Caribou in northern Maine is forecast to see a wind chill of minus-54 degrees, close to a record of minus-58.6 degrees. Montpelier, Vt., is slated to snag a wind chill of minus-41 degrees, compared to its record low of minus-52.3 in 1981. Boston is expecting a minimum wind chill of minus-31 degrees. The record there is minus-38.6 degrees, set in 1957.

We built a fake metropolis to show how extreme cold could wreck cities

Roaring winds

This shot of cold is made much worse by strong winds. Winds will peak in most spots Friday night into Saturday, with sustained levels of 20 to 35 mph common, and perhaps as high as hurricane force sustained in the mountains of northern New England.

Blizzard warnings have been issued for northern Maine, where winds are expected to gust around 45 to 55 mph. While there won’t be a lot of new snow, squalls may cause temporary whiteouts from falling flakes. There’s also a lot of snow on the ground waiting to be blown around and drop visibility.

Winds gusting 40 mph or higher should visit most spots north of the Mason-Dixon Line. Parts of Massachusetts and Connecticut may also get gusts as high as 50 mph. New England mountain ranges will see gusts approaching or surpassing 100 mph.

A taste of the stratosphere

In addition to the potential for minus-100 degree wind chills, Mount Washington might find itself in the stratosphere Friday night as a lobe of the polar vortex barrels southward. The atmosphere becomes more compressed as it cools, meaning that the boundary dividing its two lowest layers, the troposphere and the stratosphere, known as the tropopause, will sink in altitude.

“An unusual phenomena for our area is possible [Friday] night, with guidance indicating that the tropopause could dip below the peak of Mount Washington,” wrote the Weather Service office in Gray, Maine. “While extremely rare, the impact of this is that winds are likely to increase [as it passes].”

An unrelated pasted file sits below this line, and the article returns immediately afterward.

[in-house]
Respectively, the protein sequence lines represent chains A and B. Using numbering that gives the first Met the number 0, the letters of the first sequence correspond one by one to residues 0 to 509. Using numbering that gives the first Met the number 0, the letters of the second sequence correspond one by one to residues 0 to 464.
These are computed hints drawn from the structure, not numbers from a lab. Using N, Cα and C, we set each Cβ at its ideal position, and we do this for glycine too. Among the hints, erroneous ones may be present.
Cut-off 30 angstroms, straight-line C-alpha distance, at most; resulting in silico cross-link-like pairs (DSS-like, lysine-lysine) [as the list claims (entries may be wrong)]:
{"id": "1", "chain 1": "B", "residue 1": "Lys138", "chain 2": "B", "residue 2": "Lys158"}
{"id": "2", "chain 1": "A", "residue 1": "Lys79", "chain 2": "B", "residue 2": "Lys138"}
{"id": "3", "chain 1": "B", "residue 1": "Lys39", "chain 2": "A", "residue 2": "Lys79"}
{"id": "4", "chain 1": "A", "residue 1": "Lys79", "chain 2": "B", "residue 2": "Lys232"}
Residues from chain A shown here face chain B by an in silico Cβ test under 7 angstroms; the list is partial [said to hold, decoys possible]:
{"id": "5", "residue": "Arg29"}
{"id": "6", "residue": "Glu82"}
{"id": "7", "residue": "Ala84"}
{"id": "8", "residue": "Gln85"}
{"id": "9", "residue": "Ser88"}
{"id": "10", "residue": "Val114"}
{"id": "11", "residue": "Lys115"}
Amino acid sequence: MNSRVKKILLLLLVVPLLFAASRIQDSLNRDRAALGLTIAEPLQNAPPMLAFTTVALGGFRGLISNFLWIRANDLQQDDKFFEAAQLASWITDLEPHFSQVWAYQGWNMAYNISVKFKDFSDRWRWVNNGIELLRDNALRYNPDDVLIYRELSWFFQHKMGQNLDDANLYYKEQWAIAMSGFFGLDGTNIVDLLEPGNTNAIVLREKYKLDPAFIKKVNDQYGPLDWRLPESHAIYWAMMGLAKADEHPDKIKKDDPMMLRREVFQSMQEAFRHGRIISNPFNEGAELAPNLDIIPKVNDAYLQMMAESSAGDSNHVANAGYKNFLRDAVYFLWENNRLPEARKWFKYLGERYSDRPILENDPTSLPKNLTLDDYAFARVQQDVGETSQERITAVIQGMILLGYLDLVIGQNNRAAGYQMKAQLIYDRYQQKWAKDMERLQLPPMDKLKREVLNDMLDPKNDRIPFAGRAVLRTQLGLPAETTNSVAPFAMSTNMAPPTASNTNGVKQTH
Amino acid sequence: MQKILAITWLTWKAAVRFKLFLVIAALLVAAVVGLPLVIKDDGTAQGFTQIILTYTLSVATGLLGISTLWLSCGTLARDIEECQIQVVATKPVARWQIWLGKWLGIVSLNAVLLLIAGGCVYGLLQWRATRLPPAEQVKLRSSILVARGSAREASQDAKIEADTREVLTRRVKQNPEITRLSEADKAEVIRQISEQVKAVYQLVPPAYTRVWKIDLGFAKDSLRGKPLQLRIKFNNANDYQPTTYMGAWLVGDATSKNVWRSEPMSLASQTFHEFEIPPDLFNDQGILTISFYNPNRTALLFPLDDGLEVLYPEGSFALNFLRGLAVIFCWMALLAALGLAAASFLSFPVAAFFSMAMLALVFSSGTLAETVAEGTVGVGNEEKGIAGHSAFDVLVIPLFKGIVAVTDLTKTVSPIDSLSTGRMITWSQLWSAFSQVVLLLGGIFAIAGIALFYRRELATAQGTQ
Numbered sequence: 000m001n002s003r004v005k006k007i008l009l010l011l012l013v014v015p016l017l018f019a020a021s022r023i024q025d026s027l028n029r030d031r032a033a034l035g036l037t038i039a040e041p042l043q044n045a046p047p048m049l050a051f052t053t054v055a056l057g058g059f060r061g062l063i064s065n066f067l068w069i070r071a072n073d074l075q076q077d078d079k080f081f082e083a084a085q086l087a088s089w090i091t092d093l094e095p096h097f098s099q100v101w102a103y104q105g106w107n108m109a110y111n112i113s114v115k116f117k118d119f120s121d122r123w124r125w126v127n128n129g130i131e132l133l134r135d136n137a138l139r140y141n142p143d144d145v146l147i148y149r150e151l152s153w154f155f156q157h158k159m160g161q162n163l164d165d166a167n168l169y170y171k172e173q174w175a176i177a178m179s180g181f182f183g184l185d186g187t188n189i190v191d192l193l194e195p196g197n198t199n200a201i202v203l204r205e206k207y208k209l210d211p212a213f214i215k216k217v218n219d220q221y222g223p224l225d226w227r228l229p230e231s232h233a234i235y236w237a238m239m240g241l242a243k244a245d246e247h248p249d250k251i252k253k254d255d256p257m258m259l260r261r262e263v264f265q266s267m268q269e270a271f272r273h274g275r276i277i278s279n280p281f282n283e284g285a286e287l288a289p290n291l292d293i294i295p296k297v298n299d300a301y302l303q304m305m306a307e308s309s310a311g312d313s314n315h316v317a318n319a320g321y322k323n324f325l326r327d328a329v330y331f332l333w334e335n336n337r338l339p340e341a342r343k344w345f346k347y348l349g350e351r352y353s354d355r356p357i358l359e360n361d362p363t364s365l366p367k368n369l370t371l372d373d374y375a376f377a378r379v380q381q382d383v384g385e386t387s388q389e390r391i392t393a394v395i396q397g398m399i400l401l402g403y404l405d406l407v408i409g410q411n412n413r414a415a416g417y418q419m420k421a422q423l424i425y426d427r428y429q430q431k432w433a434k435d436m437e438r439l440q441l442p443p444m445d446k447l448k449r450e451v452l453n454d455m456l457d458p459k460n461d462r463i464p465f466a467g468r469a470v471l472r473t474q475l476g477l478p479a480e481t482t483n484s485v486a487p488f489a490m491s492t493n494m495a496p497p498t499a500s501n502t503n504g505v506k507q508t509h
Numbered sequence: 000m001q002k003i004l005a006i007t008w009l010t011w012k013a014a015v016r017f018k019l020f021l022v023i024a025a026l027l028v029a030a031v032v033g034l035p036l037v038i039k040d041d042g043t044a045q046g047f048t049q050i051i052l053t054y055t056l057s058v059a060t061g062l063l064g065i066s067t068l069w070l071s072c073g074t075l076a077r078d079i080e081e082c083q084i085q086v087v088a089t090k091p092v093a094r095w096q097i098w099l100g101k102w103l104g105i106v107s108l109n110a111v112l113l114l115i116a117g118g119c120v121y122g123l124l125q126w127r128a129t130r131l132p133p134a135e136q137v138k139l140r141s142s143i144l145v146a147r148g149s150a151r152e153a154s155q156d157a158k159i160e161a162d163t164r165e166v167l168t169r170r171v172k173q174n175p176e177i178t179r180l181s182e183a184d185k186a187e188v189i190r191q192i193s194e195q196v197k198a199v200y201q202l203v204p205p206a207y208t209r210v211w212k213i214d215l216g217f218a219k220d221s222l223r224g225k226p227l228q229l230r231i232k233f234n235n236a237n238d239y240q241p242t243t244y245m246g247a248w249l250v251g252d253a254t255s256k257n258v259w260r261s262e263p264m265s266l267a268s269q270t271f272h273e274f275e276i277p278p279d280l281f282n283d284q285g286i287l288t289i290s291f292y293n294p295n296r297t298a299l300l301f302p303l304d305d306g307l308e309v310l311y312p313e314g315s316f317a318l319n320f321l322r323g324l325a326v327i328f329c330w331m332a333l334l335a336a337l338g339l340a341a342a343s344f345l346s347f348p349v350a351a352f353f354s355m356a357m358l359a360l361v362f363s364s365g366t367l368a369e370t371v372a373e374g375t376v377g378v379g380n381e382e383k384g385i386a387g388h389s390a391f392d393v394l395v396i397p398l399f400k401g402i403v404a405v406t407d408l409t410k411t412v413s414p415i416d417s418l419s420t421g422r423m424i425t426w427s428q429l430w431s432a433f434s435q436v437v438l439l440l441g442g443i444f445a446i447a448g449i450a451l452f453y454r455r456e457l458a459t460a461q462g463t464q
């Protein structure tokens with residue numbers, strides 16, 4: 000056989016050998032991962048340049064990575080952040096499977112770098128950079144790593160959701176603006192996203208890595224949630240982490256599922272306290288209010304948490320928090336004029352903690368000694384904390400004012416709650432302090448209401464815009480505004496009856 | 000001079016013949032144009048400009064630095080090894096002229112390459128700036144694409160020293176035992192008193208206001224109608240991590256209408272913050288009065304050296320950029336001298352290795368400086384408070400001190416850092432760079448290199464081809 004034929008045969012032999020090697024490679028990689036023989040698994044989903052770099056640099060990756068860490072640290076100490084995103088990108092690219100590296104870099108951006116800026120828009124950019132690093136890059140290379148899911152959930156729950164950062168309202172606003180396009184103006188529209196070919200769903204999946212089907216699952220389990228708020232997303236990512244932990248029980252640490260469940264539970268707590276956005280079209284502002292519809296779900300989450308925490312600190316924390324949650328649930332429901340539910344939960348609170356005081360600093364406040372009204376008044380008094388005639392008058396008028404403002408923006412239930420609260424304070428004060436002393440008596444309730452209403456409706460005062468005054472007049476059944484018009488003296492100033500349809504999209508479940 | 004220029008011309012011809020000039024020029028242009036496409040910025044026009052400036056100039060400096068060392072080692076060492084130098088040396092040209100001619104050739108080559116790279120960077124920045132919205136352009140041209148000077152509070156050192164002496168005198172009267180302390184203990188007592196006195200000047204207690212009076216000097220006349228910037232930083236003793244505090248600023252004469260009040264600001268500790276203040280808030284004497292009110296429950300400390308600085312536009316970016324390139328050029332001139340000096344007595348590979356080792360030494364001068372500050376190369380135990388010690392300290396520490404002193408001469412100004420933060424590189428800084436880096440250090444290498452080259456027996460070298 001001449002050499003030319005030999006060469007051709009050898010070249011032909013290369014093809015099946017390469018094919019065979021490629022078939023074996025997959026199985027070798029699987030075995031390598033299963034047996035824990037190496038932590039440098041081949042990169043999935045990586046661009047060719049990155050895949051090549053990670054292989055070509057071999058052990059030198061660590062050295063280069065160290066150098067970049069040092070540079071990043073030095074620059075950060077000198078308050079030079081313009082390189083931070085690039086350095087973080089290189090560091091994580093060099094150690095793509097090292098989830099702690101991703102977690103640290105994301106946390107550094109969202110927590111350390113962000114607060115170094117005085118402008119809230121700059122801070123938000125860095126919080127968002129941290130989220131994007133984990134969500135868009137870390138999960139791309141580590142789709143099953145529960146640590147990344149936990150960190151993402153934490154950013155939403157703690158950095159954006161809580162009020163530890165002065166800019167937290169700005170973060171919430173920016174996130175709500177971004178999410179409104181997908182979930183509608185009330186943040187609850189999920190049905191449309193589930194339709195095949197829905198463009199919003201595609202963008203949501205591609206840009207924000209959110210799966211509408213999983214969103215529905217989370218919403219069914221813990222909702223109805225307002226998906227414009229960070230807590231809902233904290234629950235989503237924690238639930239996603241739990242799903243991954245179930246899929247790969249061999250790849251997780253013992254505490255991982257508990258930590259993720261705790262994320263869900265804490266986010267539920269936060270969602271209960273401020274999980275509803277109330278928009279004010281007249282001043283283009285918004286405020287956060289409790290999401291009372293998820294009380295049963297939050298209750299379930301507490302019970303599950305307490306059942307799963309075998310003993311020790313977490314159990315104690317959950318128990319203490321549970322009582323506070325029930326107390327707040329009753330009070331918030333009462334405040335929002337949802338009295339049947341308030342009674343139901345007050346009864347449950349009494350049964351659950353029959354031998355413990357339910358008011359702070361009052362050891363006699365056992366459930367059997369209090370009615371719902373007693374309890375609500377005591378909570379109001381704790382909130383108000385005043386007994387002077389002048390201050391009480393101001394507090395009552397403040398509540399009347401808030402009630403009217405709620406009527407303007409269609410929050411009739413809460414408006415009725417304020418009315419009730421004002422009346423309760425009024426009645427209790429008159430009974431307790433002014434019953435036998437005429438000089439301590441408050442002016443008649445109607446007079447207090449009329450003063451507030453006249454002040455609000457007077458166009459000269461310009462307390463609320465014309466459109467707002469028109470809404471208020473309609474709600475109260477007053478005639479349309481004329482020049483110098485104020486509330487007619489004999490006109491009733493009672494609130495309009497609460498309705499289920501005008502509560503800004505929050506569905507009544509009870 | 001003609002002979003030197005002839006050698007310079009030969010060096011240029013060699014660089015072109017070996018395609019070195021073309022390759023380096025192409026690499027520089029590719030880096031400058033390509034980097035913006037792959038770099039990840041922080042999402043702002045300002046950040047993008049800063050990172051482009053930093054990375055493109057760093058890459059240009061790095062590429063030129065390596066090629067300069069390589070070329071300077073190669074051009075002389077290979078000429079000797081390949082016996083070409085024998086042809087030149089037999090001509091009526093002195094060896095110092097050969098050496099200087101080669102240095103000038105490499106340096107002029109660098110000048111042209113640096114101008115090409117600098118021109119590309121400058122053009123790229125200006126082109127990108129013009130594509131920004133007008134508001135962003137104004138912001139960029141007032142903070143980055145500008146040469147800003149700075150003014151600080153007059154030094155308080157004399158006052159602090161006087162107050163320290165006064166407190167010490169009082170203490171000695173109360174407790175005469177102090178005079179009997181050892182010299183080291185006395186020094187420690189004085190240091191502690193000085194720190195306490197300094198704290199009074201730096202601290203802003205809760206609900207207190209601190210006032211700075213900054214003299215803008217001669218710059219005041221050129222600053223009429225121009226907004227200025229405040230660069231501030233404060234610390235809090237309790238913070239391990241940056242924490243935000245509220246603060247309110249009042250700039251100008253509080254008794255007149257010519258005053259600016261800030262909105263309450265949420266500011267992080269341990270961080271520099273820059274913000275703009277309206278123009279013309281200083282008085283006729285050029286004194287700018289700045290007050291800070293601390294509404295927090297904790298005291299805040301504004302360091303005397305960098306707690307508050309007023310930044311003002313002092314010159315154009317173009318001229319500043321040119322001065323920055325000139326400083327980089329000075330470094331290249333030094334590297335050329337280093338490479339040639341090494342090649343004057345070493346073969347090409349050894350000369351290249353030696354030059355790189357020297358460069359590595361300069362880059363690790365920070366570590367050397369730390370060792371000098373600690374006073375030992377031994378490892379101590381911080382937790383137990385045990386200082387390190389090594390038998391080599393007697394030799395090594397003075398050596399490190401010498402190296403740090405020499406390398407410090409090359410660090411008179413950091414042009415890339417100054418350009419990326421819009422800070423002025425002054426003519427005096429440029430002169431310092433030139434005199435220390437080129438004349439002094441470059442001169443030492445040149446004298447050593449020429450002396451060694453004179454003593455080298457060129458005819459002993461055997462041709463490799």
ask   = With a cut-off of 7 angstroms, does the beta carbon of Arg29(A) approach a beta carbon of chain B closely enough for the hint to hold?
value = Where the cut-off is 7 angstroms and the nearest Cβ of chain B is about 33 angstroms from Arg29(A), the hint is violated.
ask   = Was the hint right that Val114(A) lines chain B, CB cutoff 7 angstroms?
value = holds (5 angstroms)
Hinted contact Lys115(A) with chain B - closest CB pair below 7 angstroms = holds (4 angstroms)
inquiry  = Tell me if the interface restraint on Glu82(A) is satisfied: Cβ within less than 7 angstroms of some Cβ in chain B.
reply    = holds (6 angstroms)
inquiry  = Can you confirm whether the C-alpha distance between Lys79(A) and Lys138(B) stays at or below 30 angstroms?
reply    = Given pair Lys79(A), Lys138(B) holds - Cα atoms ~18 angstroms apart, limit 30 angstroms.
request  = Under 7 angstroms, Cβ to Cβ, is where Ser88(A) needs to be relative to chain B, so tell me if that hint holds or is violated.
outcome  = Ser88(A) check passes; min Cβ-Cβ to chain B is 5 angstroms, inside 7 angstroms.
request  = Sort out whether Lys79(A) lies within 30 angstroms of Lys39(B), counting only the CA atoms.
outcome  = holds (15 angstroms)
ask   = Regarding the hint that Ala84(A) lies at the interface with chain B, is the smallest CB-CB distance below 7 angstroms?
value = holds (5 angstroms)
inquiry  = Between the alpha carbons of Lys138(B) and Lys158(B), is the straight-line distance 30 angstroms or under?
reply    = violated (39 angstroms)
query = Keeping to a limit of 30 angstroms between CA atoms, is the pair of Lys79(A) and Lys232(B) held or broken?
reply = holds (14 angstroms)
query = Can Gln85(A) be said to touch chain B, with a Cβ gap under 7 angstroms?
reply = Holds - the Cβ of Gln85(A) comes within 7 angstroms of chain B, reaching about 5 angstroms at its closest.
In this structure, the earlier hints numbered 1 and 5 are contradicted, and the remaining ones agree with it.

Intrepid observers on the summit might even smell the ozone layer, as it sits low in the stratosphere.

Quickly in and quickly out

Almost as fast as this Arctic outbreak arrives, it disappears.

Lobes of the polar vortex tend to move swiftly. And in this case, it will be gone within about 36 hours.

But historically cold air is expected in the meantime. Numerous record cold high temperatures are forecast in the Northeast on Friday and Saturday, along with several record lows Saturday morning:

  • Boston is set to fall to minus-6 degrees Saturday morning, which would surpass its Feb. 4 record of minus-2 degrees.
  • New York City will fall close to record lows, with readings near 10 degrees.
  • Newcomb, in the Adirondacks of Upstate New York, is forecast to fall to minus-25 degrees, topping its Feb. 4 record of minus-23 degrees.

January’s warmth was unprecedented in much of the Northeast

But moving into next week, temperatures some 10 to 15 degrees above normal are likely across much of the same area, a return to the milder-than-average weather that has prevailed much of the winter.